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Quattro Stagione Pizza


Joe:  In my opinion, there is nothing that beats a perfect pizza.  Possibly my earliest foody memory (after eating Arancini on a ferry between my Grandpa's hometown of Villa San Giovanni to Messina when two) is my first wood fired pizza.  Ever since that moment in Emilia Romagna, 1994, I have been trying to find pizza with a similar taste, the closest being a small back street trattoria in Bologna (food lovers' paradise) where my cousin lives.

90 per cent of the time however, finding pizza of this quality is unachievable, though there is some great places to get pizza in the UK. I think the key to great pizza is fresh dough, rolled out super thin, with just a little bit of intensely sweet passata (pizza sauce), a little buffalo mozzarella and simple toppings.  A really popular topping in Italy is Prosciutto Crudo (Parma ham) and chopped hard-boiled egg, something you don't see too often, but something I have included on my Stagione.

This Pizza really has something for everyone, although traditionally comprised of four parts (hence Quattro.)  You can divide the pizza into as many parts as you want, doing as many toppings as you can fit or afford.  It's great to get your mates involved in the dough making procedure and create their own toppings, This pizza is cheaper, tastier, potentially bigger and better than any of that greasy rubbish you'll get from the kebab house which claims to do pizza as well.


DOUGH (for the recipe, go to bread making)

If you aren't going to make the dough you can buy decent pizza base mixes from the supermarket.

Passata sauce (This comes in big glass bottles located near the canned tomatoes, I use this over chopped tomatoes as it doesn't need sieving to achieve that smooth texture your going to need)

Buffalo Mozzarella (Buffalo Mozzarella is the white bally stuff, try and get as fresh as possible as there is much more flavor, (some of it can be quite flavorless), if you can't get that, then buy the cows mozzarella, this is harder and a bit saltier, and usually comes grated.)

Splash of Olive Oil

2 cloves of Garlic

Splash of Balsamic Vinegar

Handful of Fresh Basil

Handful of Green/Black olives

½ Red, ½ Yellow Pepper

Handful of Rocket

Handful of Parmesan Cheese

2 strips of Parma Ham

One Egg

Handful of Mushrooms

2 Artichokes (You can buy these preserved in oil)

2 spoons of sugar

Salt and Pepper



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I'd start by making the Napoli sauce, which is best made in advance as you want it cool when ready to put on the pizza base mix.  Put some good olive oil in the pan with some finely sliced garlic.  (I also like to add a bit of flaked chili, Calabrian roots I guess).


Now add your Passata, salt and pepper, sugar, bit of basil and a splash of balsamic vinegar.  Allow to bubble and reduce for twenty minutes then just let it sit on the hob on a low heat for another twenty minutes.  Once done, stick it in the fridge, you wont need it until it's cool.


Sort your toppings out.  Preparation is good with a pizza as everything really needs to come together quite easily.  Hard boil an egg (5 minutes) and slice.  Chop or stone your olives, your choice.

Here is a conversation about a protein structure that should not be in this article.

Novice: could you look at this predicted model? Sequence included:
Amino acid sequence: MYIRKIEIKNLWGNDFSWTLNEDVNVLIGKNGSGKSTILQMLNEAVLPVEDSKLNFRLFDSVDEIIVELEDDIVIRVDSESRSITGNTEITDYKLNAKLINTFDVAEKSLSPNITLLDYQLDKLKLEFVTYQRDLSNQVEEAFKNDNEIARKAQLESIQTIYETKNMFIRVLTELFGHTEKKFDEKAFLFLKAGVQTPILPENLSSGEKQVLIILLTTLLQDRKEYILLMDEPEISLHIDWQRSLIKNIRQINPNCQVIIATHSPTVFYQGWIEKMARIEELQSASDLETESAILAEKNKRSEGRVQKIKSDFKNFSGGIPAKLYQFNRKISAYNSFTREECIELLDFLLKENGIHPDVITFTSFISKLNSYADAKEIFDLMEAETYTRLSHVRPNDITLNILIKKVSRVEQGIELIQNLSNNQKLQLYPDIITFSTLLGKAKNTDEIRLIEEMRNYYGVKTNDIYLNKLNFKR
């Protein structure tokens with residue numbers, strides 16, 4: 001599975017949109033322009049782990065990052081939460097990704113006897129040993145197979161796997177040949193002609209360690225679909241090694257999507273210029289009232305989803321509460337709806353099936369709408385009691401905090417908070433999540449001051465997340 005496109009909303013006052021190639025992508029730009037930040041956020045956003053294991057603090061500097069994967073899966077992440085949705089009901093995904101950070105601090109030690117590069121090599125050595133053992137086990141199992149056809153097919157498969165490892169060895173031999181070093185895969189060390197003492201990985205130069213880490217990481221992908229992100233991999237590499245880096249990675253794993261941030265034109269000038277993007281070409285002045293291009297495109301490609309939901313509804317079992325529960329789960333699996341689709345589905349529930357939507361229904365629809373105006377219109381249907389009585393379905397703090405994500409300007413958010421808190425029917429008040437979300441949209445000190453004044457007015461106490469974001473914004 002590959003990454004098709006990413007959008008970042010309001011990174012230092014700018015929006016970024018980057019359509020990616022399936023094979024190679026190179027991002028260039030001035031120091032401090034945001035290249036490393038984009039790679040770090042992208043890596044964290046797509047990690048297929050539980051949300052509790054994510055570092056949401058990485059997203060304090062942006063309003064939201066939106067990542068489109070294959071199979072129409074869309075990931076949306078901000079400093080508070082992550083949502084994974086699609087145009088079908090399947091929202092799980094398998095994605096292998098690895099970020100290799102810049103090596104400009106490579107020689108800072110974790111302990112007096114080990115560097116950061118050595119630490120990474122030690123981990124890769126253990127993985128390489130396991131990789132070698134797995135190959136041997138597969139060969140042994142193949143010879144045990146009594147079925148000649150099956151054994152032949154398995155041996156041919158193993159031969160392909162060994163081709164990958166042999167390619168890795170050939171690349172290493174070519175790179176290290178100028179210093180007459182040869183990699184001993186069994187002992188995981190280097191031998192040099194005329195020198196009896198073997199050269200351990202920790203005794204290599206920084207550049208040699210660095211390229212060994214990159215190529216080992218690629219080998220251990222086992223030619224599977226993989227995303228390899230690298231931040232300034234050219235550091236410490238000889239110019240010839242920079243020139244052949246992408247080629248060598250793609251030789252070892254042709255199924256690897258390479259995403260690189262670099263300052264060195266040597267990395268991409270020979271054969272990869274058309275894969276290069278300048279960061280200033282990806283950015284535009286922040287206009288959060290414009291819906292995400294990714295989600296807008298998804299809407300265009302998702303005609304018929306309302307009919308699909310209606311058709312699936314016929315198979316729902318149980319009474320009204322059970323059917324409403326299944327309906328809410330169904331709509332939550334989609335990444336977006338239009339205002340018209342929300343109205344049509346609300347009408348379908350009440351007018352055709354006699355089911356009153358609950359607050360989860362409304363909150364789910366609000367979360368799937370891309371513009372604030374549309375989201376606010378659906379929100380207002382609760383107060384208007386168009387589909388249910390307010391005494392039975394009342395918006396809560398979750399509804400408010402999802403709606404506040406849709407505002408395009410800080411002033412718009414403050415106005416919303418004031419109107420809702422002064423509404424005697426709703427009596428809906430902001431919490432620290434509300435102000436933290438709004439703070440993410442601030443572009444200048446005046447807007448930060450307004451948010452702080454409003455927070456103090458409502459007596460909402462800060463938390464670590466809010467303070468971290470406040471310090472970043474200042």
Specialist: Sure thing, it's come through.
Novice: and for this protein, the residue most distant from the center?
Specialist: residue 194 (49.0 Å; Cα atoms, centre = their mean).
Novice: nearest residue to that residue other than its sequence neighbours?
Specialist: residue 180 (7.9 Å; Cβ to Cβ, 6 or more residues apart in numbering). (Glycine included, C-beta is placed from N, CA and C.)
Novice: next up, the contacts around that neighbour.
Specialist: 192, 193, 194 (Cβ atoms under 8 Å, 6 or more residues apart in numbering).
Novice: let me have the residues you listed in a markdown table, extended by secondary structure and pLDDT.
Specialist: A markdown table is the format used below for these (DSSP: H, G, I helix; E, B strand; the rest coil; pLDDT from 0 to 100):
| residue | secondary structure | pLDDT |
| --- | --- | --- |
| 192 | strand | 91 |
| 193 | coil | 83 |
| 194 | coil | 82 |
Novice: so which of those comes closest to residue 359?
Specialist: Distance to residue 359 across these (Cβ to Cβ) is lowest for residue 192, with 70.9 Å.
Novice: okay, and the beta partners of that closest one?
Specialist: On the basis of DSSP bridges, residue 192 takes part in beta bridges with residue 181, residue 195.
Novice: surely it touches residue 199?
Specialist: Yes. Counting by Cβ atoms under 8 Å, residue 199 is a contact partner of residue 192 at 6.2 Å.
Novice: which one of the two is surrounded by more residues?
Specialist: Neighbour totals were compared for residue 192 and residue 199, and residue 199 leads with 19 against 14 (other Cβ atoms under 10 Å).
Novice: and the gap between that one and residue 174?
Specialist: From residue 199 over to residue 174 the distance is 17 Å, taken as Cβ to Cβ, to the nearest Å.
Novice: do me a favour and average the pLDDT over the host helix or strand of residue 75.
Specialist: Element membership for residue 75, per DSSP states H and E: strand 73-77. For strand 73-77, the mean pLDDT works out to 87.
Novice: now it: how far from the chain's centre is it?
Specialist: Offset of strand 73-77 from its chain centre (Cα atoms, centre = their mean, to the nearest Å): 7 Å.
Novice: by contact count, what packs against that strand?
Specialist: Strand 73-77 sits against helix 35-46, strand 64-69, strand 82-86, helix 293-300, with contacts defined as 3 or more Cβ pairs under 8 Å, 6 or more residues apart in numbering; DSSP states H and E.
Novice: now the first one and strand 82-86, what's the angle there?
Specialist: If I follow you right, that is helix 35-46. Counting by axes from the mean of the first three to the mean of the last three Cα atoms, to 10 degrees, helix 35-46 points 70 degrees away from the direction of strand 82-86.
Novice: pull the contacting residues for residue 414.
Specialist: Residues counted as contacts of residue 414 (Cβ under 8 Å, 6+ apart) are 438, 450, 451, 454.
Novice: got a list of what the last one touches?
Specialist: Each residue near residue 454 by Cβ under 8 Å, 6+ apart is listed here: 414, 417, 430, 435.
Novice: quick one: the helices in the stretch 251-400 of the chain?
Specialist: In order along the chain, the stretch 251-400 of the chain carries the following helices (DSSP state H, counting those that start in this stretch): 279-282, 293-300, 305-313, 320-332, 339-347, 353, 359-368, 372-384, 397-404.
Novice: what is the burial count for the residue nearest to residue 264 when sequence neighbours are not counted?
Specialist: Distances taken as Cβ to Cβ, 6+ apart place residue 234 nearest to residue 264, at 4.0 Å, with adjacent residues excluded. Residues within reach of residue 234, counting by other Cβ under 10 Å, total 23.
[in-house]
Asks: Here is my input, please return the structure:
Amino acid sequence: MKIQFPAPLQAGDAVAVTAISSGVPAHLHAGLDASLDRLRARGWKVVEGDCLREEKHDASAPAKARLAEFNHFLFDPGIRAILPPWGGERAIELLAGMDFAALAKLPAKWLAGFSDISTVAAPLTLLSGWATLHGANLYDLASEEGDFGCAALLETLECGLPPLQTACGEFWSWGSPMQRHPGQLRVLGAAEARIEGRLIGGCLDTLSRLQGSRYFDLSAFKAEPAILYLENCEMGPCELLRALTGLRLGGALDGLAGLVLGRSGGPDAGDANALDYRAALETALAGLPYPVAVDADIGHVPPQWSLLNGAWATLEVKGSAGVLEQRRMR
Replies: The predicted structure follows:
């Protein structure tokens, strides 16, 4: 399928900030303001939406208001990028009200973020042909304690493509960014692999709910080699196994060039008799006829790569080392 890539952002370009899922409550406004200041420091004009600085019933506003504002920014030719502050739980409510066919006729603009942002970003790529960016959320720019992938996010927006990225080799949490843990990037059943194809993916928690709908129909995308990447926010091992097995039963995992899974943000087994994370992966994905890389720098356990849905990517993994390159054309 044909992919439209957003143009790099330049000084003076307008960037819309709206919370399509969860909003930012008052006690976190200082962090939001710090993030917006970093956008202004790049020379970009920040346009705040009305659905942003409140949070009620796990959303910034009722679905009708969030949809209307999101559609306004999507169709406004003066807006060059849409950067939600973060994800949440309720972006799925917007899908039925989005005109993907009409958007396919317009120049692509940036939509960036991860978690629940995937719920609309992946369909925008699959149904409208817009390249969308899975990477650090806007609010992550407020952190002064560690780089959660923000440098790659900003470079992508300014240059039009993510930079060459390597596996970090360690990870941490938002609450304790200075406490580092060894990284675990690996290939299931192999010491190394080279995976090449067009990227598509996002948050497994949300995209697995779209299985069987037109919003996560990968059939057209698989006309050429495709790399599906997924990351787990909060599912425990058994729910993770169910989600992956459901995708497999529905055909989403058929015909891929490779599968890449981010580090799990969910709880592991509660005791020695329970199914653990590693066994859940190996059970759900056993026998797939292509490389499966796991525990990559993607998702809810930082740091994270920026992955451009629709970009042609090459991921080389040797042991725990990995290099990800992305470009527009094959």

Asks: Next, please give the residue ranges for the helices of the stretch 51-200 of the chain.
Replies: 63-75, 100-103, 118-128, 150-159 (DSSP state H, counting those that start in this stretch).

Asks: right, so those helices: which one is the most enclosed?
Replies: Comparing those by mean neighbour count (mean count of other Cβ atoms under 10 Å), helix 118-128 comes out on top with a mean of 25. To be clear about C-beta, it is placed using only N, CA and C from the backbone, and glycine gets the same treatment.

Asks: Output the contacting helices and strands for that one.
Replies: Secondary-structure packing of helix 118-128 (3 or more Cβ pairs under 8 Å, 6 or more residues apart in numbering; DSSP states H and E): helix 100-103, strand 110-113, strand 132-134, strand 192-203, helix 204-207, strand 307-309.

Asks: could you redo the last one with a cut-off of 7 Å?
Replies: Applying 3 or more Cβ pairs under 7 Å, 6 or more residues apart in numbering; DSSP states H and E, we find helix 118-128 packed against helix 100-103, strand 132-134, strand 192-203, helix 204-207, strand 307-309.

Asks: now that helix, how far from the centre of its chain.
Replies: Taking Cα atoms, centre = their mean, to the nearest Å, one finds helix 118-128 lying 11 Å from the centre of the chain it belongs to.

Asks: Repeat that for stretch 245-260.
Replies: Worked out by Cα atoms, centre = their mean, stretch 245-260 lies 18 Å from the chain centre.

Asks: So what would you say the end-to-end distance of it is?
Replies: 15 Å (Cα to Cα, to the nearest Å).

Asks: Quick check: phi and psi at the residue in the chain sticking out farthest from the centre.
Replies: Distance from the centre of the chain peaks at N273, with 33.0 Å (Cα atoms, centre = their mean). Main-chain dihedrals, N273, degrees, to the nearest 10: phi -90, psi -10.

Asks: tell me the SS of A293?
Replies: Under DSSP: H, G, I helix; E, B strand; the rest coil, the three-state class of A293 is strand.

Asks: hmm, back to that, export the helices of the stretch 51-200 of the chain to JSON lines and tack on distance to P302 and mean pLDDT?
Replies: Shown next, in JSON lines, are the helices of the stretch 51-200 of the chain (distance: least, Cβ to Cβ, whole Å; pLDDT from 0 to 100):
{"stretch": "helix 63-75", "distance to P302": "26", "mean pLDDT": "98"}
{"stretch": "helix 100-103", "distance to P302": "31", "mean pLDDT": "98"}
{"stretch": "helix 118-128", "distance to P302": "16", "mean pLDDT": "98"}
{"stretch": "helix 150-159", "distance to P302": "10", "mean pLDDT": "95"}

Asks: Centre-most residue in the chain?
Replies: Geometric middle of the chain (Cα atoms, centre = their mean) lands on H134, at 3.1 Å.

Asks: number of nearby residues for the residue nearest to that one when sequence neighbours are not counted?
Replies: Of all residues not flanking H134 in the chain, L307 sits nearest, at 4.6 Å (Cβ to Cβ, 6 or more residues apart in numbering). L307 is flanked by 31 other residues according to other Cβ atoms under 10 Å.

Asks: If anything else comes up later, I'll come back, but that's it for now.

For the peppers we are going to make a kind of pepperonata.  Heat some oil and thin garlic in a pan and add the peppers.  Pour over a good (and I mean good) slug of balsamic vinegar and throw in a bit more chopped garlic.  Cover the pan with a lid and let the peppers soften for about 20-30 minutes on a low heat.



Sort your dough out.  If you've bought pizza dough then follow the instructions, it should be around 20 minutes worth of preparation.  If you've made your dough, once you've let it rise (should have doubled in size,) knock back (beat the bread to a doughy pulp to get the remaining air out) and place on a floured surface, roll out to a desired size or however big it'll fit in the oven.  Don't try any of that fancy stuff you see at certain high street pizza places where they chuck it in the air, as you'll be picking dough out the light fittings for months, but by all means, form the base with your hands.  It does not have to be a perfect circle, pizza looks better when it's a bit raggedy.



Take the chilled Passata sauce and ladle it onto the base, spreading it so the sauce is quite thin.  Don't have a thick layer of sauce; you should still be able to see the doughy base. Rip up your mozzarella and chuck it on.



Now add your toppings.  In one corner, put Parma ham and chopped egg, in the other put your peperronata.  On the remaining corners, put your mushrooms and artichokes with some olives and on the final corner, just keep it as a simple margherita. with a bit of torn basil.


Stick it into a hot oven and cook until the crusts are golden, with the toppings melted into the cheese.


Once out put some lightly dressed rocket on the peppers and shave some parmesan over the pizza.


TIP:  What you cook your pizza on can influence how your pizza will turn out.  I've found that a pizza stone works best; baking trays are ok, if you've got a big square or rectangle one that's good.  I've bought pretty cheap baking trays which are round with holes in the base.  These are excellent as they cook the pizza from the base which is essential to avoid a soggy bottom.  If you have none of these, you can put foil over an oven rack and puncture with holes, this works quite well.

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